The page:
Ashok: You as a customer assume the responsibility and management of guest operating system, including updates, patching, any associated software, as well as configuration of AWS-provided security groups. As shown in this chart, this differentiation is commonly referred to as security of the cloud versus security in the cloud. So in this equation, AWS is responsible for security of the cloud, that includes the physical infrastructure, facilities, the compute, the building block that runs the AWS services. You as a customer are responsible for security in the cloud. That means you secure the workload and application that you deploy in the cloud and have the flexibility to put more emphasis on the security of sensitive data as per your business requirement.
Ashok: You basically own and are responsible for managing your data, classifying your assets, and most importantly, using the IAM tools to make sure there are appropriate permissions defined based on your business needs. Next slide. Some customers have sensitive workloads and prefer to have more control what and where the data and your applications are running. The shared responsibility model basically gives you that flexibility, and it changes based on the services being used. For managed services, AWS takes on more responsibility to elevate some of the heavy lifting that you may need with the trade-off of less general control. As an example, when we look at Amazon Elastic Compute, or commonly known as EC2, AWS is responsible for protecting the infrastructure that runs AWS services in the cloud. Your responsibility lies with controlling network access to your instance, managing credentials, managing guest operating system, and even managing the IAM roles that give access to those instances.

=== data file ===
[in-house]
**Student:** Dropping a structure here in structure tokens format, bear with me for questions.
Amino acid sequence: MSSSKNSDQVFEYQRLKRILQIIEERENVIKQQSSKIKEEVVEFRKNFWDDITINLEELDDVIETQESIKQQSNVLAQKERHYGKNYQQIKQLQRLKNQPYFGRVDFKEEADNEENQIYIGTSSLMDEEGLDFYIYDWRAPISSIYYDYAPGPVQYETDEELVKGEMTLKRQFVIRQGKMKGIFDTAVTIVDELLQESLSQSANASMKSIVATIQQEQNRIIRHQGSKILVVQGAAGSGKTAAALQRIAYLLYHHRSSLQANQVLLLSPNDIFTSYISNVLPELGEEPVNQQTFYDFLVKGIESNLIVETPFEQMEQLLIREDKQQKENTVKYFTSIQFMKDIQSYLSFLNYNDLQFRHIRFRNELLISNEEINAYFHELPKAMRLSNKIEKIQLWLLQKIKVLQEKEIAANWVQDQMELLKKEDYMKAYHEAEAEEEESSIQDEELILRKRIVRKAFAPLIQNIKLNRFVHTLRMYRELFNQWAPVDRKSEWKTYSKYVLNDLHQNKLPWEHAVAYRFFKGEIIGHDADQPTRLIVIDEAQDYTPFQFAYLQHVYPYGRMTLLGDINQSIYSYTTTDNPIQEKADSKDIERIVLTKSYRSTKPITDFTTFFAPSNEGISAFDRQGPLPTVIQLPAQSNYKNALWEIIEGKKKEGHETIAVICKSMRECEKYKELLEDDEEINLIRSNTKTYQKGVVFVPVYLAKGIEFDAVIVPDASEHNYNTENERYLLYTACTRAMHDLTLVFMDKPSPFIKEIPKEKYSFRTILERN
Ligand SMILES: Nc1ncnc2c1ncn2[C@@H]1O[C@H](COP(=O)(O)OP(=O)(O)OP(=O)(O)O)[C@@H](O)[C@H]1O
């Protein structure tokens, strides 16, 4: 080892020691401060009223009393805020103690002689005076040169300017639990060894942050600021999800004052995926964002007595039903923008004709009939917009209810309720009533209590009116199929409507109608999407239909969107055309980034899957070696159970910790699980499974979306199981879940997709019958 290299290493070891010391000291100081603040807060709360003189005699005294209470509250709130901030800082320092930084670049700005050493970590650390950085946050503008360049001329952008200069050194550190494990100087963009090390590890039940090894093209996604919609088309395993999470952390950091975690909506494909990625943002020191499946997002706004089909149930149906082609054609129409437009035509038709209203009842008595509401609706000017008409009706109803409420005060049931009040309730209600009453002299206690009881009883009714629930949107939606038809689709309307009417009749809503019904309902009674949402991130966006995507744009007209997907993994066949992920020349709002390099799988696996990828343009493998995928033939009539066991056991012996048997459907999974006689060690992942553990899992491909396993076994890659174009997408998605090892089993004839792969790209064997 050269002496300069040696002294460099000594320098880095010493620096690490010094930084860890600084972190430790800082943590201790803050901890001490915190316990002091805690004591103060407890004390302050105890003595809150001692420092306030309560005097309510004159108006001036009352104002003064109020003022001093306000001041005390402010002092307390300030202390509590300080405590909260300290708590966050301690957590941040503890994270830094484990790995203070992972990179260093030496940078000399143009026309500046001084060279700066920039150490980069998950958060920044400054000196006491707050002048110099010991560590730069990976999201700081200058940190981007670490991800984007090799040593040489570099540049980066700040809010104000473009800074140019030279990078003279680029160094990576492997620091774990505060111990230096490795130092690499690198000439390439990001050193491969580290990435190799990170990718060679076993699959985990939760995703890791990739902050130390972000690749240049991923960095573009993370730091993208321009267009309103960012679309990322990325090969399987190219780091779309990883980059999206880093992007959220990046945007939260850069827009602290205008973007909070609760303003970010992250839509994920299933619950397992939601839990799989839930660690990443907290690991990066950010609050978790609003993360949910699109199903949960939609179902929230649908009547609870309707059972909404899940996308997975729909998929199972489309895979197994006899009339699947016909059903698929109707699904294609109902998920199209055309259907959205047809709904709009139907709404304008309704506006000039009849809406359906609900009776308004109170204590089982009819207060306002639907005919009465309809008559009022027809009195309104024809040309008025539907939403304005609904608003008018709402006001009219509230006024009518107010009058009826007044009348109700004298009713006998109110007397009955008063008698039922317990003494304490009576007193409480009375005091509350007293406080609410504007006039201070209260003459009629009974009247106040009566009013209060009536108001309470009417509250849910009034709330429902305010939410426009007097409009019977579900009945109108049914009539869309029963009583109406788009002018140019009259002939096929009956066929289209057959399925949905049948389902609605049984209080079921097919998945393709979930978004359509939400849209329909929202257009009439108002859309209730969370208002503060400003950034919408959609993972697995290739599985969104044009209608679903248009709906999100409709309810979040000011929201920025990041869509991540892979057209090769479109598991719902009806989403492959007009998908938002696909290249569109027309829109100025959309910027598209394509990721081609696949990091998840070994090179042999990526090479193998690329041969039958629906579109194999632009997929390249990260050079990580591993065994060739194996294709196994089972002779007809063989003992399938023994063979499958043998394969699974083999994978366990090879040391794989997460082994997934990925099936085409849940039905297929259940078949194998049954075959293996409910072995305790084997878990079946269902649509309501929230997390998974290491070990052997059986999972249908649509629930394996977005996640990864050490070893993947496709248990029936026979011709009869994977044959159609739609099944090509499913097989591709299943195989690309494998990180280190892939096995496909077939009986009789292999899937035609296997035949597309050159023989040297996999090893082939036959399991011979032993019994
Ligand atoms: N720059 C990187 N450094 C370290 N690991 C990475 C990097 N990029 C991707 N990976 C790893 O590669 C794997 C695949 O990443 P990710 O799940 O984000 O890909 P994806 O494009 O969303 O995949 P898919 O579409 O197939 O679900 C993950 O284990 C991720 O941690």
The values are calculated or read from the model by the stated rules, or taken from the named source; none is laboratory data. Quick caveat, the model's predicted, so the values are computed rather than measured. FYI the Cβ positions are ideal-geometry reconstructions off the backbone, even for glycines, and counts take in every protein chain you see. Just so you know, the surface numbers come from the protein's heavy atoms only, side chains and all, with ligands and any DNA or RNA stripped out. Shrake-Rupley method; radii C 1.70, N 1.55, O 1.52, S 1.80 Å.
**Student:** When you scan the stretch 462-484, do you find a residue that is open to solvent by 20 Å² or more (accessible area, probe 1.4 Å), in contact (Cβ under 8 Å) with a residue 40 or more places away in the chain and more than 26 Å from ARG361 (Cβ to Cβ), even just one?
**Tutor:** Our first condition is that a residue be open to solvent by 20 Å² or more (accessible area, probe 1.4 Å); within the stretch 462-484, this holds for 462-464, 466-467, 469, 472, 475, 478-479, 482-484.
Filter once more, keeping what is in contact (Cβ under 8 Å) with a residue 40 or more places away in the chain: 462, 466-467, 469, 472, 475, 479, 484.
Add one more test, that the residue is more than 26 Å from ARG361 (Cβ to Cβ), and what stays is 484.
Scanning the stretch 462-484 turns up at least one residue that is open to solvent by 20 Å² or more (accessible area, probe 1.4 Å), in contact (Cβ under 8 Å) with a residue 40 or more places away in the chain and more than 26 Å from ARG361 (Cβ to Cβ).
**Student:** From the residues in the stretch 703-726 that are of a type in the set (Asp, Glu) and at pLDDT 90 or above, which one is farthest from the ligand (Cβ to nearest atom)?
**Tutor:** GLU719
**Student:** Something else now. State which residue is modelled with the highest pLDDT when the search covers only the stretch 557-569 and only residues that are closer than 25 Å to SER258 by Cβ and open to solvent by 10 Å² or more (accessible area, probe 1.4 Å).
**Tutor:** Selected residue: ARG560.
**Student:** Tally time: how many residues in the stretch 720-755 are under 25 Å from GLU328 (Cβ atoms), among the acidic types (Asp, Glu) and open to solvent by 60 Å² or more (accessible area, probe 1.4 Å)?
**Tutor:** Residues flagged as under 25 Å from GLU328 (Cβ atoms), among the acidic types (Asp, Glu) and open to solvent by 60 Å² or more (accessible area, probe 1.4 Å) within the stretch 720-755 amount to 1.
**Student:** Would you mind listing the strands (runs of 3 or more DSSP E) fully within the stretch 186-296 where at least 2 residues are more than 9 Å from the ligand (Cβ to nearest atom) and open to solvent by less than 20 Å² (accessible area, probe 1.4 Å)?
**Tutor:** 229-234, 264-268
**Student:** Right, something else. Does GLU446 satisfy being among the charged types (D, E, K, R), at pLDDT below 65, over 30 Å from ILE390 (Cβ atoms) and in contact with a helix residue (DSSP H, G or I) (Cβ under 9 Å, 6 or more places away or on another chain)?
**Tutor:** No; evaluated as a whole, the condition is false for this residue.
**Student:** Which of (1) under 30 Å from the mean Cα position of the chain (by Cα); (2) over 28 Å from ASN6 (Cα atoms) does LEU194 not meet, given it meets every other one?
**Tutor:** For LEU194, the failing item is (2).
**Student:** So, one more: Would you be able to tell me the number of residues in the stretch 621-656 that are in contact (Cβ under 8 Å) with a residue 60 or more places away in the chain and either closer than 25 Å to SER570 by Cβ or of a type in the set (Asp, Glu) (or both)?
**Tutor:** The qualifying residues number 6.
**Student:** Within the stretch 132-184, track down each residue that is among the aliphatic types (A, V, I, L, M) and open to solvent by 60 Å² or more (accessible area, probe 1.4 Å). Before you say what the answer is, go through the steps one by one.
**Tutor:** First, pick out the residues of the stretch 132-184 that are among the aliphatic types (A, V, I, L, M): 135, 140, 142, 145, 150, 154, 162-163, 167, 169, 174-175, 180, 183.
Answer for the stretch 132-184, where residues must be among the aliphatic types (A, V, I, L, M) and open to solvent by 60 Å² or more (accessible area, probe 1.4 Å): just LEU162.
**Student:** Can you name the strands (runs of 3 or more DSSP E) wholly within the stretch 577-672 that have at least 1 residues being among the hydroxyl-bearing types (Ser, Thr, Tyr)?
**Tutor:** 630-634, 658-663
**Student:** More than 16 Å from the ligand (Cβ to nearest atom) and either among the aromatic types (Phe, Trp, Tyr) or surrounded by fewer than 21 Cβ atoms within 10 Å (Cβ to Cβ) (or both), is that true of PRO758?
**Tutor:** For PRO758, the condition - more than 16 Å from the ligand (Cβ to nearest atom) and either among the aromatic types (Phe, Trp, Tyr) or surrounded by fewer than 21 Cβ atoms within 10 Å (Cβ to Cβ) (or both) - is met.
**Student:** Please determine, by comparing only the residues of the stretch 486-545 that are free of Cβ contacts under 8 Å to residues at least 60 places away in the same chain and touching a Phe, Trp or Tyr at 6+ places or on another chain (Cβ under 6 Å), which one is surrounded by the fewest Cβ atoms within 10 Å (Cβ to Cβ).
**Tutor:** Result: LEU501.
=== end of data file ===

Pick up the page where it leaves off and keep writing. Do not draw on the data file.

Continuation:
Ashok: Another example is Amazon Simple Storage or S3, where you don't have to manage the operating system, but you will be responsible for managing your data, classifying the objects, setting up the level of encryption, and on top of it, managing access through IAM roles. Note the IAM requirement in these services. Right? IAM was common in both these scenarios. So AWS basically provides you mechanism to configure the identity and access management side of the requirements so that you can adapt based on your needs, your compliance, and security objectives. As an example, when it comes to different users in AWS, there is an account owner, which we also know as root user, there is an identity center user, there is a federated user, and there is IAM user. And you have options to provide long-term or temporary credentials and basically adapt and configure these based on your specific needs and requirements.
Ashok: Now in the next slide, let's take a look at what AWS provides in terms of the core identity management, access control, and governance features. And I think we all can agree that these basically form the core security pillars for any organization of any size and any type. If you look at these slides, the AWS provide these identity controls for Zero Trust, which you can use to authenticate identities, to evaluate identity context, and force fine-grained identity-based authorization before allowing any identity to access applications, your data, and your systems. In the next few slides, we will learn more about some of these services and how these services help you manage access to your critical applications and data. Next slide.
AWS IAM Identity Center